Theology Lessons from Brandi Huerta
As James Dolezal says, there is no “last thing” about God, so it’s not even remotely possible to exhaust what can be known about Him. That’s understandable since the Trinity is one of the great mysteries of the faith. We can truly know what we can know about the Trinity, but our minds will never grasp the fullness of God—even in eternity because He is the infinite.
However, in loving God with our minds, we should seek to understand Him as best we can as mere creatures. I do bring a caution, though: danger arises when people seek to remove the mysteries of God and make Him more comprehensible. Perhaps you have seen this hilarious video. Heretical views on the Trinity—views that would have caused a person to be excommunicated from the church for the past two thousand years—are the norm now, rather than the exception. If you love God and want to glorify Him, I know that this will concern you.
When Jesus said that He and the Father were one, what did He mean? This concept seems like a relatively simple question, but your answer has tremendous implications. A prevalent modern answer to this is to say they are one in the sense that they are a society or a community: diverse members with their own wills and consciousnesses, working together in harmony with one another toward a common goal. This view is called social trinitarianism.
Some complementarians will erroneously claim that there is authority and submission in the family precisely because there is authority and submission in the Trinity (there is not; more on that later). There are two common ways that this false view typically presents itself. The husband plays the role of the Father, they say, and the wife plays the role of the Son, etc. In this way, they project human relationships back onto the Godhead. The complementarian position is biblical and correct, but the Trinity can’t rightly be manipulated to support it.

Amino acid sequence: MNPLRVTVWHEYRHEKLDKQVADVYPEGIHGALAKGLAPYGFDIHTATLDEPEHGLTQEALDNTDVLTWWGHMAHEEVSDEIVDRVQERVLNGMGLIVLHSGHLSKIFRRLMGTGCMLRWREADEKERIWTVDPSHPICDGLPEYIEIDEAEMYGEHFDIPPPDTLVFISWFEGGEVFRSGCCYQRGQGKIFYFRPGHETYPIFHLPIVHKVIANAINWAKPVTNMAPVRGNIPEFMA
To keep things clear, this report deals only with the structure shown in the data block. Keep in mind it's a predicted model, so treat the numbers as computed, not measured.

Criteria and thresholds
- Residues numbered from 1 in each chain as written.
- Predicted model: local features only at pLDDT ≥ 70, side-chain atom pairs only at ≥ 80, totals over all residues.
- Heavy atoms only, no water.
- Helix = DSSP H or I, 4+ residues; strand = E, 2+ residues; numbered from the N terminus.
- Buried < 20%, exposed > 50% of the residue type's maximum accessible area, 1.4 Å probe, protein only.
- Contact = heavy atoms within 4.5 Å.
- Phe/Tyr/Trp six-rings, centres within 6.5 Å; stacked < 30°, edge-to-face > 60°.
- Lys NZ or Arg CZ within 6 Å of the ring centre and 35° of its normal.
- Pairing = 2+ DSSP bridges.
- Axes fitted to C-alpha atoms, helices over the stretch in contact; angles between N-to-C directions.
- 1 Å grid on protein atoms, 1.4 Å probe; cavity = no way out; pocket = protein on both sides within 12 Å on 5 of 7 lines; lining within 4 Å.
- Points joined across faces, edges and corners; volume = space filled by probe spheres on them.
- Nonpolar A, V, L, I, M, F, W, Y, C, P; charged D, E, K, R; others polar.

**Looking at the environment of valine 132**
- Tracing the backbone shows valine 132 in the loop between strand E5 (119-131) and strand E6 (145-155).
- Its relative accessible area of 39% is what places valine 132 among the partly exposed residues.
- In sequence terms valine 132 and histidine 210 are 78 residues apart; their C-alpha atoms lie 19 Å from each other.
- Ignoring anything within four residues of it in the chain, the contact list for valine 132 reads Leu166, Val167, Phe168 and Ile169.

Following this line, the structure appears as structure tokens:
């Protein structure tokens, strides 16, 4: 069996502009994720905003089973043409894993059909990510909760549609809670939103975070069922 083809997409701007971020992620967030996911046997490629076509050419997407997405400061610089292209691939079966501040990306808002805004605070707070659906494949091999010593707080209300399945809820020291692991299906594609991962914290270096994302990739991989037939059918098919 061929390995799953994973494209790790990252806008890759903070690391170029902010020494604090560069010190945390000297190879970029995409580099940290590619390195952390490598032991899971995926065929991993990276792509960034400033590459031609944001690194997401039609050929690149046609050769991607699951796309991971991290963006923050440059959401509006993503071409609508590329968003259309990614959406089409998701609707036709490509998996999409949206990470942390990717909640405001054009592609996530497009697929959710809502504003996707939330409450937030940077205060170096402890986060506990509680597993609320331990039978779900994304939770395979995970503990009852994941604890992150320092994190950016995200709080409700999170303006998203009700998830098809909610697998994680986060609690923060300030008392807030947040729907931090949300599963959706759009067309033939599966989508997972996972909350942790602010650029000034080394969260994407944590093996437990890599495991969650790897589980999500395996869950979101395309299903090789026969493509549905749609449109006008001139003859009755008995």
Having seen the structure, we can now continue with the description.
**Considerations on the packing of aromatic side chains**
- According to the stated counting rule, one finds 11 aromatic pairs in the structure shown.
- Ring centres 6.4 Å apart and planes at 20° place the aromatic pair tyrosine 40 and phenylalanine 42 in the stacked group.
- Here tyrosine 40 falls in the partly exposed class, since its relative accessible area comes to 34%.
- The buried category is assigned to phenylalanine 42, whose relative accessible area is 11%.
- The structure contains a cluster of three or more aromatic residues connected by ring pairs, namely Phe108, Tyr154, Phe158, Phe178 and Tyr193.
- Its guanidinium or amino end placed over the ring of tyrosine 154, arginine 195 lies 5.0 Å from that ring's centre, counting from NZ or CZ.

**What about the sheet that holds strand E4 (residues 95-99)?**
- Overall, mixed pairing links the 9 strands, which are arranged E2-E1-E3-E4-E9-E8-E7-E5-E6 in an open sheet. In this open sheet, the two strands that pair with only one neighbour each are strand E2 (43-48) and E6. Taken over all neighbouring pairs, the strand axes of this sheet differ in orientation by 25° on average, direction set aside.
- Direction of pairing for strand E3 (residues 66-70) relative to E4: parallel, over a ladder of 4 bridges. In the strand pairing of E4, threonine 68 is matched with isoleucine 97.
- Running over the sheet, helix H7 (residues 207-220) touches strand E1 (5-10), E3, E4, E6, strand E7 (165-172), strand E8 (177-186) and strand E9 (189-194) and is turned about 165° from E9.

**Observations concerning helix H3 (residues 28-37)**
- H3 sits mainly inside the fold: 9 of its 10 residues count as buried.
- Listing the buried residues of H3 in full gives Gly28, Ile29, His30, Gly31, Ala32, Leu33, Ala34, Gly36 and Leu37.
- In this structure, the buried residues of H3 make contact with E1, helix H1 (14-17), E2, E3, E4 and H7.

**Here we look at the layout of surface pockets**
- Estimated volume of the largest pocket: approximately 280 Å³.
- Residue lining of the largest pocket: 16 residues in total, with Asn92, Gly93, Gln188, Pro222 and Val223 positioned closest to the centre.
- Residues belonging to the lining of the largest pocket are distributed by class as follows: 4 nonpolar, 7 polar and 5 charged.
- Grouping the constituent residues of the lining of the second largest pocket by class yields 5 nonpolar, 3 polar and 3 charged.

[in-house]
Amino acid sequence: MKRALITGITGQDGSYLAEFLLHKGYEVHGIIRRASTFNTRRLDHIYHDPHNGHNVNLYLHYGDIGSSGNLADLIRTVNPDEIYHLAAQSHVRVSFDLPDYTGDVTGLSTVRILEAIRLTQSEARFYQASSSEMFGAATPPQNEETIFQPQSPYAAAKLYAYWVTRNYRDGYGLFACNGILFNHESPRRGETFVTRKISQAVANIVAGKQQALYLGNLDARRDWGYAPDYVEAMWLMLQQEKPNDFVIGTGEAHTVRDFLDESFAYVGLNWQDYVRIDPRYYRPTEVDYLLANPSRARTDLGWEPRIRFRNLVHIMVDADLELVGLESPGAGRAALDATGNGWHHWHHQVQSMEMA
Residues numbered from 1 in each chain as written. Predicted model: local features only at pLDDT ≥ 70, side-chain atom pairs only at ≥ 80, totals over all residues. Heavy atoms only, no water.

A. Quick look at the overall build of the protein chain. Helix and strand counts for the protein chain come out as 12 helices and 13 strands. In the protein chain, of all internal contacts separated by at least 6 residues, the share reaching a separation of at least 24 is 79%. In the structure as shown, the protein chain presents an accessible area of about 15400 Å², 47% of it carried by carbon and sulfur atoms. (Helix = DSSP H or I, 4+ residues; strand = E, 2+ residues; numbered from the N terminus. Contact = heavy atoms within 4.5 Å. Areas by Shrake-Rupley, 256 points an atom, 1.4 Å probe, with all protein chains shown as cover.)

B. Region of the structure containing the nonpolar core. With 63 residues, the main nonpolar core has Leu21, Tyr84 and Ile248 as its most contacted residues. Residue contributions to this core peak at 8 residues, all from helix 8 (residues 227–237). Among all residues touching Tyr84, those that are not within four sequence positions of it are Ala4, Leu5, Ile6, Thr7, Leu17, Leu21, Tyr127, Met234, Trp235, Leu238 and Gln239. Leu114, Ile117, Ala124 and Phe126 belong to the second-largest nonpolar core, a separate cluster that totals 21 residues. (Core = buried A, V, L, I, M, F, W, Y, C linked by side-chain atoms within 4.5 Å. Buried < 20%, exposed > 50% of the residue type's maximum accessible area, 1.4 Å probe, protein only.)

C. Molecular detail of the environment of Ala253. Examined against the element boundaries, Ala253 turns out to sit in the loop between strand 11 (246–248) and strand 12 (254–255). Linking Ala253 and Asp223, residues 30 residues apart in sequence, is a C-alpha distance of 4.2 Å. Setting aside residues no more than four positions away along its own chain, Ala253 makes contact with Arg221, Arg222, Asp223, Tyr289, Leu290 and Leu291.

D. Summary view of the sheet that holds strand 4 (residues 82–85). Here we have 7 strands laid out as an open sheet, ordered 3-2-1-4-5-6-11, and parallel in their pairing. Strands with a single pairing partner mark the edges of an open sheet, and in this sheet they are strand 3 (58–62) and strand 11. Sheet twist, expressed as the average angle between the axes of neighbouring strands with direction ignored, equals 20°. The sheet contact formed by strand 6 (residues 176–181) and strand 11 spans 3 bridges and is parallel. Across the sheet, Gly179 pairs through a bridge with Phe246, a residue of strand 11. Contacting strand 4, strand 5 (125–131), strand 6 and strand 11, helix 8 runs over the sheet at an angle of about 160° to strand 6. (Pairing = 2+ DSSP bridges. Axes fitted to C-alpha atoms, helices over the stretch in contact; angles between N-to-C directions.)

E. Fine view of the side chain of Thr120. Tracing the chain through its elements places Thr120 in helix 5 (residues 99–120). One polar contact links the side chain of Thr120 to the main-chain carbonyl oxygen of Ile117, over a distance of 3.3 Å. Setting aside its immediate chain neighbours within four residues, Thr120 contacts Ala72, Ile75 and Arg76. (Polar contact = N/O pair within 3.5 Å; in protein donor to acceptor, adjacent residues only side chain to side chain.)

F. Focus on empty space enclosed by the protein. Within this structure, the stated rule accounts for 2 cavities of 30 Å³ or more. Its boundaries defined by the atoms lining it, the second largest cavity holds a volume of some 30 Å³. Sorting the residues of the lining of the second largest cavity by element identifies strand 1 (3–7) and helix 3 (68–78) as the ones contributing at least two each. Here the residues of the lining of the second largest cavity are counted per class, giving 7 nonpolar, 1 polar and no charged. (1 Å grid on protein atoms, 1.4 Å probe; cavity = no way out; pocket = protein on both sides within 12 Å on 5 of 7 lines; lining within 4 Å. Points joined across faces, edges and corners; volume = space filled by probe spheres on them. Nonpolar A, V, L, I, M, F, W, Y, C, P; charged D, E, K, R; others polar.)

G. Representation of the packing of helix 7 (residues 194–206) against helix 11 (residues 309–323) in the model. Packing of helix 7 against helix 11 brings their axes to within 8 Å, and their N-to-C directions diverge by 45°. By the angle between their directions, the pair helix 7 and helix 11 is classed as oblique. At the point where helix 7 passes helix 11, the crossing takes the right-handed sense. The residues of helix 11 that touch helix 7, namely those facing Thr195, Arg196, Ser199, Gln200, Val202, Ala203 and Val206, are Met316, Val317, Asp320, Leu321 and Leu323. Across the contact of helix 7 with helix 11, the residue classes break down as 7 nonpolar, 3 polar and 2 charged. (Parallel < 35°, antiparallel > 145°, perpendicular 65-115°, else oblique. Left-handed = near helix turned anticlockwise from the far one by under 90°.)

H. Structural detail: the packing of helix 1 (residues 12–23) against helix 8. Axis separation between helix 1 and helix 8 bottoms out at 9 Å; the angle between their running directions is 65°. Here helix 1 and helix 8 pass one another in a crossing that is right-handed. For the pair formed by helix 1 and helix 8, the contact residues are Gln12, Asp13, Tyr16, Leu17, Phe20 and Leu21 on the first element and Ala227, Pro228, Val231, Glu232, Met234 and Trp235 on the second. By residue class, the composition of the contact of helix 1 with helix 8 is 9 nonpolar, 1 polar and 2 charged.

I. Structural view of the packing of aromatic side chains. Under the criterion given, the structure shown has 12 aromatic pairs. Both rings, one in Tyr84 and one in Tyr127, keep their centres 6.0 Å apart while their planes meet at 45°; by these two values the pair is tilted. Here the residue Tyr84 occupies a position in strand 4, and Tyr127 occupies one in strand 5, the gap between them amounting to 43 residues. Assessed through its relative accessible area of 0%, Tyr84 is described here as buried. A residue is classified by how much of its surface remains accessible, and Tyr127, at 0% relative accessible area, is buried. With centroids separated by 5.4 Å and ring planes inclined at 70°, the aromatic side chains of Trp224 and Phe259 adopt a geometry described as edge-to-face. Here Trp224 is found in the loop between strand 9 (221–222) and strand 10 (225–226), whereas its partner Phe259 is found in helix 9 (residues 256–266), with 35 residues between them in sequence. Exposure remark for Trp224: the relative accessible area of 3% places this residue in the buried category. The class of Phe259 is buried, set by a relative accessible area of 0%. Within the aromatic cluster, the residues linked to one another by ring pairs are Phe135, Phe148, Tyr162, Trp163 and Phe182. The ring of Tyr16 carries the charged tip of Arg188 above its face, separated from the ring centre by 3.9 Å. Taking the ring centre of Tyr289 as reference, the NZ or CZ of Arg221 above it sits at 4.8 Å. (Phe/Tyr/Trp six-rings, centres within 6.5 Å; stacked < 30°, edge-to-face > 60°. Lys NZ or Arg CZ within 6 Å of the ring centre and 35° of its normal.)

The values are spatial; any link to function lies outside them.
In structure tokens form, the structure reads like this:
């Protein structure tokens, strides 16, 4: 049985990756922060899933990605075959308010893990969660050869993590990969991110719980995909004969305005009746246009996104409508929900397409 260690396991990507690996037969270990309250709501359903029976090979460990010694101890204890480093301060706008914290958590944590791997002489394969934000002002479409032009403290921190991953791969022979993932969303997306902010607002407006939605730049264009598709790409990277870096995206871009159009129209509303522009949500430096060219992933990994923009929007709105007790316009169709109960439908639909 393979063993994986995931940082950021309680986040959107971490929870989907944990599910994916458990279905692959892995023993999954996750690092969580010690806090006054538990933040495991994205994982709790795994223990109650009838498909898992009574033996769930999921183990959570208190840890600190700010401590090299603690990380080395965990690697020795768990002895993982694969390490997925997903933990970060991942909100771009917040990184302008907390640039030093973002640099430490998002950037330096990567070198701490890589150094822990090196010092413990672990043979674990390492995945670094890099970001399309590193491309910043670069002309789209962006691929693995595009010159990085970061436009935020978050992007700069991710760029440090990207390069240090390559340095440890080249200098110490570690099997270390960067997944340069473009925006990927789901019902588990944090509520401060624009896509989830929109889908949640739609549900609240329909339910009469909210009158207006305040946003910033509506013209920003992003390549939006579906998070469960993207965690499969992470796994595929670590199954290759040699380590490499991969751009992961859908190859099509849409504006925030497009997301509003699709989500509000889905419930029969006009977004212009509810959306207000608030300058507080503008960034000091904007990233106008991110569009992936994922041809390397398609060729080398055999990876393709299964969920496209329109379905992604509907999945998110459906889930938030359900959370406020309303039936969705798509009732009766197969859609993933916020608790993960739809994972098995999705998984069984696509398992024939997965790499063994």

Therefore, what is everywhere true of a father-son relationship in the biblical world, and is not contradicted by any other passages of Scripture, surely should be applied to the relationship between the Father and Son in the Trinity. The names “Father” and “Son” represent an eternal difference in the roles of the Father and the Son.
The Father has a leadership and authority role that the Son does not have, and the Son submits to the Father’s leadership in a way that the Father does not submit to the Son. The eternal names “Father” and “Son” therefore give a significant indication of eternal authority and submission among the members of the Trinity. —Wayne Grudem
Ironically, people who hold the position opposite complementarianism—the egalitarian view that believes there is no hierarchy in Christian life—also use the Trinity to support their position. They say that since the members of the Trinity are equal in authority (which is true, contra the view that the Son eternally submits to the Father), we as image bearers all have equal authority as well. They, too, manipulate the Trinity to support their very different ends.
We find the earthly reflection of this divine sociality, not in the autocracy of a single ruler but in the democratic community of free people, not in the lordship of the man over the woman but in their equal mutuality, not in an ecclesiastical hierarchy but in a fellowship church. —Jurgen Moltmann
The truth is that the Trinity is sui generis, meaning that it is unique, the only one of its kind, something to which nothing may be compared. All analogies, as Donall and Conall said in the video I linked above, actually diminish and deform our view of the Trinity and dishonor the Lord. Both of the positions I described above try to use the Trinity to accomplish their social goals, which is idolatrous even if the goals are potentially good ones.
The doctrine of the Trinity hinges on divine simplicity, The God who exists has no parts. Whatever is composed of parts is dependent on those parts to be what it is and is also reliant on a composer of some kind. Since God is of or from only Himself, this cannot be the case. God is not the unity of three beings; He simply is One. He is the fullness of Being itself. This truth is profound and incredibly difficult to understand, but there are some essential things we can say concerning how God can be three and yet somehow still one.